This is a very practical, simple, and very effective exercise.
Relevance for your daily practice
It is highly relevant! It is the “opener” of brain tumor surgery. Mastering the craniotomy is essential for your integration into the surgical team and burdens you with true responsibility.
The objective of this chapter is to improve your practical skills in handling a basic neurosurgical procedure. Guiding a craniotome is in principle a very simple procedure. However, if you have never handled this type of instrument at all, you will feel uncomfortable and unsecure when you perform this for the first time on a patient. You will maneuver this powerful “jigsaw” near to the sinuses and might injure the brain by perforating the dura, observed by an impatient senior surgeon, with time pressure in your back. Therefore, it is best to get some manual experience in a controlled setting.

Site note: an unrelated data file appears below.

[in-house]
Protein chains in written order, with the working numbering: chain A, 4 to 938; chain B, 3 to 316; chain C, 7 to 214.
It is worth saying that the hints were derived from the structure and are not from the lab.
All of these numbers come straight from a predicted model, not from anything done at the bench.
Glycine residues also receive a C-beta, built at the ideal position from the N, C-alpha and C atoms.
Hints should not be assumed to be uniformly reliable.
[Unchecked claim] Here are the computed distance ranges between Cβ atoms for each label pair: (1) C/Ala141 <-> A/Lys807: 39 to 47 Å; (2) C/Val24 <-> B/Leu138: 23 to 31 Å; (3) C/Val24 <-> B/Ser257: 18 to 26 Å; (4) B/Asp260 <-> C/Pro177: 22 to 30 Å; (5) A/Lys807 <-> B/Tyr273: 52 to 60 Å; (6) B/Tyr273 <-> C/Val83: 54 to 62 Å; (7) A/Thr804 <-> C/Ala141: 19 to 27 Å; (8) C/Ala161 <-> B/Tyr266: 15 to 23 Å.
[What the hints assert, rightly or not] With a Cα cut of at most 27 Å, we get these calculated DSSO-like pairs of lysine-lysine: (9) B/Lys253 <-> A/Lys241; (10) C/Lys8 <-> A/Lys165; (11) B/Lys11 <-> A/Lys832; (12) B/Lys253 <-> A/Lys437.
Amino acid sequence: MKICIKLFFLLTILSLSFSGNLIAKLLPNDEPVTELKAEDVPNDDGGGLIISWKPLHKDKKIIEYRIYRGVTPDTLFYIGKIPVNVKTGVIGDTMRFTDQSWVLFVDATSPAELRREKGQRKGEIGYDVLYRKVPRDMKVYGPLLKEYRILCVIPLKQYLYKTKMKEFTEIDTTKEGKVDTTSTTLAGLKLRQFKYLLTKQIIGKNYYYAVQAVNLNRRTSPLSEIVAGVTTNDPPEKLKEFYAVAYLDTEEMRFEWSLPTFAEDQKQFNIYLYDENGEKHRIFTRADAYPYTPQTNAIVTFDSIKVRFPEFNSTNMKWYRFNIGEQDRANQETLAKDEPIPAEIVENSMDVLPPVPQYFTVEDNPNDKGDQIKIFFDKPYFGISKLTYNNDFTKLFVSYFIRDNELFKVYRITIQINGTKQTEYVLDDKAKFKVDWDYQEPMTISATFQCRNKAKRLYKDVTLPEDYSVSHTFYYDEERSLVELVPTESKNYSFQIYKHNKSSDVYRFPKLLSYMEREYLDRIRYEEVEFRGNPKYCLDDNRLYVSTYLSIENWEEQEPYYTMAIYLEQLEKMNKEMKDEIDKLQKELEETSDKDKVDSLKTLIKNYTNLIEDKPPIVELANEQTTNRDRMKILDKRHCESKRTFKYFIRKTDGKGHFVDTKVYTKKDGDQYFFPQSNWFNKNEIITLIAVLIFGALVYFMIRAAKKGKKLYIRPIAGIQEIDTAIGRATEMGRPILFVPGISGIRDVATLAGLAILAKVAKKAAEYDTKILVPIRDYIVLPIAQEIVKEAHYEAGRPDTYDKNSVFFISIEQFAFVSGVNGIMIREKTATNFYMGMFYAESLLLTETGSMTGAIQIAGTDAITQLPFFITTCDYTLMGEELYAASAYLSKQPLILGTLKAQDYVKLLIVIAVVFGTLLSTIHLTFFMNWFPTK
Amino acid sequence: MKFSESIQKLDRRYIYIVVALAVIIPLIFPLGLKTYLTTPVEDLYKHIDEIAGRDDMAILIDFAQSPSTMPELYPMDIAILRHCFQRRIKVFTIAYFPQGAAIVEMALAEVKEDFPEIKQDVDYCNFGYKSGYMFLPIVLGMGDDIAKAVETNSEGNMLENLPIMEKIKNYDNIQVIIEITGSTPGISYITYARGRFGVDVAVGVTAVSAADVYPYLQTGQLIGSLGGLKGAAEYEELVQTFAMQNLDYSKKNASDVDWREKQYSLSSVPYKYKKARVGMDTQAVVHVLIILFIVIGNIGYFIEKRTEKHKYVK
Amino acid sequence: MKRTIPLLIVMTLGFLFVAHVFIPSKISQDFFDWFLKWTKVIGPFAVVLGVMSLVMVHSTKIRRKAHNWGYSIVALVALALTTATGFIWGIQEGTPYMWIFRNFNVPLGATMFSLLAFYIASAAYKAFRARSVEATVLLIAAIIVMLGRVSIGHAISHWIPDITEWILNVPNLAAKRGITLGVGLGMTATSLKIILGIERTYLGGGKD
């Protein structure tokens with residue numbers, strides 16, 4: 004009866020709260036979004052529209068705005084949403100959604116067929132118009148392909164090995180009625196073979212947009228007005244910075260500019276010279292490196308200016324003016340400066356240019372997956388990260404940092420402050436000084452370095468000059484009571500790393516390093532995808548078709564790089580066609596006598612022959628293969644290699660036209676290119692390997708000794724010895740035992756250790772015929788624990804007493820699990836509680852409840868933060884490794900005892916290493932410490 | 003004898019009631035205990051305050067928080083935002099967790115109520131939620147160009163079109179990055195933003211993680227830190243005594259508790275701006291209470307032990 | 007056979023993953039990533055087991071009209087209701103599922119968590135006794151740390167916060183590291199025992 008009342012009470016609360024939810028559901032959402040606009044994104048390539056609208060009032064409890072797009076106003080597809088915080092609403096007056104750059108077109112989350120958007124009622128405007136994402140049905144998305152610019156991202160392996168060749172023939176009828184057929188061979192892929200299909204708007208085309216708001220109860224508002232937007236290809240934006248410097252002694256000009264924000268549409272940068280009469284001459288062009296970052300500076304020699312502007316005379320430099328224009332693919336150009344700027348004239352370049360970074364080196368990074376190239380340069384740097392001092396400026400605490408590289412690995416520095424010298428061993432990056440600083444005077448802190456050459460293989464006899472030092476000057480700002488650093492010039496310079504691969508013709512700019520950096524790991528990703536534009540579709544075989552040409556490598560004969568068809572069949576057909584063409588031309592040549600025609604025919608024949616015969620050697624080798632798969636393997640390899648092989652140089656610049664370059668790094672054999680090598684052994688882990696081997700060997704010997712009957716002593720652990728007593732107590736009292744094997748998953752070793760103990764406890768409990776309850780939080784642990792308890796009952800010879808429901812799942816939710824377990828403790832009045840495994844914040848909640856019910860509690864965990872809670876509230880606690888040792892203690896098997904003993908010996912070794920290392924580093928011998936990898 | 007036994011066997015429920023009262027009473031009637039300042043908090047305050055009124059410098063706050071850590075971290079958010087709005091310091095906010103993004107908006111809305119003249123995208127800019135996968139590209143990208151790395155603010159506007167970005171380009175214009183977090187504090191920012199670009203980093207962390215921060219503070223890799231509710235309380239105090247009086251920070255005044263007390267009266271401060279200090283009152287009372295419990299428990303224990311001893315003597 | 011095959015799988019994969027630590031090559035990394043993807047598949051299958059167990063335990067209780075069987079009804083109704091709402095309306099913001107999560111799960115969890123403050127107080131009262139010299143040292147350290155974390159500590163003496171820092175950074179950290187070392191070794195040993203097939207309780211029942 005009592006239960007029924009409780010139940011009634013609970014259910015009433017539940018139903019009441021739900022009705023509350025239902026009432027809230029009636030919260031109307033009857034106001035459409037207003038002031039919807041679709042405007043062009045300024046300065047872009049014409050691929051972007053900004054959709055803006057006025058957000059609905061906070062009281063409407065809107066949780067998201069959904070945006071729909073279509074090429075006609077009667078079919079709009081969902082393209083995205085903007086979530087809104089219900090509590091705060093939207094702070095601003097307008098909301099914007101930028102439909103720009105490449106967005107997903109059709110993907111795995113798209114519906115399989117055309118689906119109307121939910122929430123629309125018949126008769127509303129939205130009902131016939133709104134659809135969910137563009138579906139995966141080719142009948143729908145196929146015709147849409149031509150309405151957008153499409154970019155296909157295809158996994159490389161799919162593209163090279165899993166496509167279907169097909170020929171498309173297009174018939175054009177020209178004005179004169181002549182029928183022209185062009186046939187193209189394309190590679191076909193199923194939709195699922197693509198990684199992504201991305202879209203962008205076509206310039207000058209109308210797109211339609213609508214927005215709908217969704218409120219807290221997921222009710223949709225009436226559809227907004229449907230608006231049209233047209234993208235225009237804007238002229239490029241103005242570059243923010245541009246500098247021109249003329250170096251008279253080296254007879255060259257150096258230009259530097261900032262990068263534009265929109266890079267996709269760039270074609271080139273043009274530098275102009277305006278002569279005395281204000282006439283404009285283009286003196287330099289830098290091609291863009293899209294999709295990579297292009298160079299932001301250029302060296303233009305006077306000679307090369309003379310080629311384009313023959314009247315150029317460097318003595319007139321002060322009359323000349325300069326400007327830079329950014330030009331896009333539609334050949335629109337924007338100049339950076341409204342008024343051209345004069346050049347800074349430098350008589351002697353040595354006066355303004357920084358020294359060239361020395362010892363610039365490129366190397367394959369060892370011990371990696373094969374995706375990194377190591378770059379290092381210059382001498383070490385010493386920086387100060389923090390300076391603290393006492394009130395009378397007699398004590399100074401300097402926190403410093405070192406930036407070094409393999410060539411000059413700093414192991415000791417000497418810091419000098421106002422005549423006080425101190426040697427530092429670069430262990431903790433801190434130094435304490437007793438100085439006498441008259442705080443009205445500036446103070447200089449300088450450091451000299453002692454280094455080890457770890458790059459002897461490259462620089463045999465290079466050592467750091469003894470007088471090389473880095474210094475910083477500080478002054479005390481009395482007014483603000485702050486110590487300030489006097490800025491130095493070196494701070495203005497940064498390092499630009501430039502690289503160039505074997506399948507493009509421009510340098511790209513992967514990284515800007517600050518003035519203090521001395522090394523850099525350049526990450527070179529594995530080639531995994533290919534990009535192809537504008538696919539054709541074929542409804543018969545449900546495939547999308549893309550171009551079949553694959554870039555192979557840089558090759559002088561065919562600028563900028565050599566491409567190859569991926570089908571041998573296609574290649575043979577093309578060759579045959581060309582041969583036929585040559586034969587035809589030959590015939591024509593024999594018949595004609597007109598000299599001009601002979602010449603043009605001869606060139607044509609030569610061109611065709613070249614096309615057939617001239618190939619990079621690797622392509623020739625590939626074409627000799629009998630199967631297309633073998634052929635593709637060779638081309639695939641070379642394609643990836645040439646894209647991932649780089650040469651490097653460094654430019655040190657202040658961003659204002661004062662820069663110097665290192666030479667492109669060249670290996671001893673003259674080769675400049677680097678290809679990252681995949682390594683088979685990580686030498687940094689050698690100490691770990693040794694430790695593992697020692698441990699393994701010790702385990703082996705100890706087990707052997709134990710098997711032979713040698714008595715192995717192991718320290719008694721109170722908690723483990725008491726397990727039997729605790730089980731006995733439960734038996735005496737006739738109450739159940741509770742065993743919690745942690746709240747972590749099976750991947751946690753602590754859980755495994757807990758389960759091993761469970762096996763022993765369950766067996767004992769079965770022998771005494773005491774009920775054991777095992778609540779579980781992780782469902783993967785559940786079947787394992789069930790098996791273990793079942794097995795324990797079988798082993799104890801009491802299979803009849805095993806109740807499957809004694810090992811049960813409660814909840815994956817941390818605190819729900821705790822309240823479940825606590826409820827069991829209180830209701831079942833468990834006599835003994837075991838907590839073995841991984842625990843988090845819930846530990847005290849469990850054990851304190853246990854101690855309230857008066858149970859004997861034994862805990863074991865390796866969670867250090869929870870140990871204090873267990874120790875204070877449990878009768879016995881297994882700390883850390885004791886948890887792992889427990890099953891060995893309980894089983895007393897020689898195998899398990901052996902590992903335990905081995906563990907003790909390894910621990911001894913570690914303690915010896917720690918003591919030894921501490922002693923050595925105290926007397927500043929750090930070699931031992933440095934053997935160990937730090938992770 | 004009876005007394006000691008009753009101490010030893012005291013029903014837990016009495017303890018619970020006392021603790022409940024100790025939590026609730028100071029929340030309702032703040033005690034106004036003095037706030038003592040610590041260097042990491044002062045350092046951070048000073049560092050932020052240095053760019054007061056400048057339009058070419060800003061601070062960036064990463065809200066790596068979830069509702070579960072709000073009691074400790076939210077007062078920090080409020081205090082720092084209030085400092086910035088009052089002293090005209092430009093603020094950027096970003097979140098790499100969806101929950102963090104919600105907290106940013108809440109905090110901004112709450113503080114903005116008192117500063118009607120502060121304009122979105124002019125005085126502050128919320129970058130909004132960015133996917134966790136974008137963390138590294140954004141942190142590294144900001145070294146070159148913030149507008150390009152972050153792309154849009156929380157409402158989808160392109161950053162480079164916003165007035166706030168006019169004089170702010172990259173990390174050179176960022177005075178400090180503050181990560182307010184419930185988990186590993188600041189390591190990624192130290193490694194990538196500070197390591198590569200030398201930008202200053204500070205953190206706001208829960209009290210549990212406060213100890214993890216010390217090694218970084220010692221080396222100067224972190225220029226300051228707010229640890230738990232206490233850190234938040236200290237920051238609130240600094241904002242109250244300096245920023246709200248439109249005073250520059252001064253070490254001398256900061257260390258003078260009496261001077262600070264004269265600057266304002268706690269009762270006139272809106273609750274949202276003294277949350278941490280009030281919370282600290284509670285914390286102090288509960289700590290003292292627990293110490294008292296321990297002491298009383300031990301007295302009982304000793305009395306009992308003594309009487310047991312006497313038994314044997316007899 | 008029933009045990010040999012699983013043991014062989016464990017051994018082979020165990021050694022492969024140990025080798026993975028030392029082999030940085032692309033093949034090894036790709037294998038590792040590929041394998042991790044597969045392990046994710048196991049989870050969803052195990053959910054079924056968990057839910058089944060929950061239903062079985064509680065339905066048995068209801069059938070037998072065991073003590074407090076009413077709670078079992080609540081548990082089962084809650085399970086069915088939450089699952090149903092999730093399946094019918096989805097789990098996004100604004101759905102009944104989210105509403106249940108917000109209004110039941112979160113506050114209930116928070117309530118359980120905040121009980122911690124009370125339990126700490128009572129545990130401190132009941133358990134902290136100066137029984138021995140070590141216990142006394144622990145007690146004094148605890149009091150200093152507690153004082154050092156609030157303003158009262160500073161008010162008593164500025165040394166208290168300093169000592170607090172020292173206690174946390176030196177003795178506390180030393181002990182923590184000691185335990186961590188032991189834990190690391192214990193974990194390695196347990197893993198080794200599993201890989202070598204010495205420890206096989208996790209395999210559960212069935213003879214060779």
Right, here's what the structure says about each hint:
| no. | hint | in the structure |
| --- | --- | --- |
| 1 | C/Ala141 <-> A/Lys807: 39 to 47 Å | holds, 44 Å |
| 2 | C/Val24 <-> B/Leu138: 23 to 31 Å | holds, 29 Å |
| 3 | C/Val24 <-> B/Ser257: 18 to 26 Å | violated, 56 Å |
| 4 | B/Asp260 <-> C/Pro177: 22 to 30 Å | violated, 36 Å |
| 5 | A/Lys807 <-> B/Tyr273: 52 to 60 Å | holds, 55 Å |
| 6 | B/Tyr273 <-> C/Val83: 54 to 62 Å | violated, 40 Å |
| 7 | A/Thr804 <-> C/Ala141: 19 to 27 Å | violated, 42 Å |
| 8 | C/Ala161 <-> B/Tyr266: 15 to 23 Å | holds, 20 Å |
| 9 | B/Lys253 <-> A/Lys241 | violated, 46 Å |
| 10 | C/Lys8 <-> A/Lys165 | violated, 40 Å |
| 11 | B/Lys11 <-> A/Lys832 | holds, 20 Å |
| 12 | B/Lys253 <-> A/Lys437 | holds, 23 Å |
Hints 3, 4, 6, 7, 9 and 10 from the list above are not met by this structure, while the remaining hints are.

You need a coconut, a mobile drill, craniotome, a Mayfield clamp, a fixation system for the Mayfield clamp (a simple board), and a pen, as well as lots of irrigation and (to spare you a lot of cleaning work) drapes and a bucket, which collects the irrigation/coconut debris.
Ok, we know: you do not own a craniotome and a Mayfield clamp. Here comes your initiative into play. After all, you made it through med school and you made it into a Resident program. Talk to your chief and your head nurse. Explain what you plan to do, especially that you will not work with biological hazardous tissue, which would make the return of the instruments into the OR impossible (i.e., sheep brain).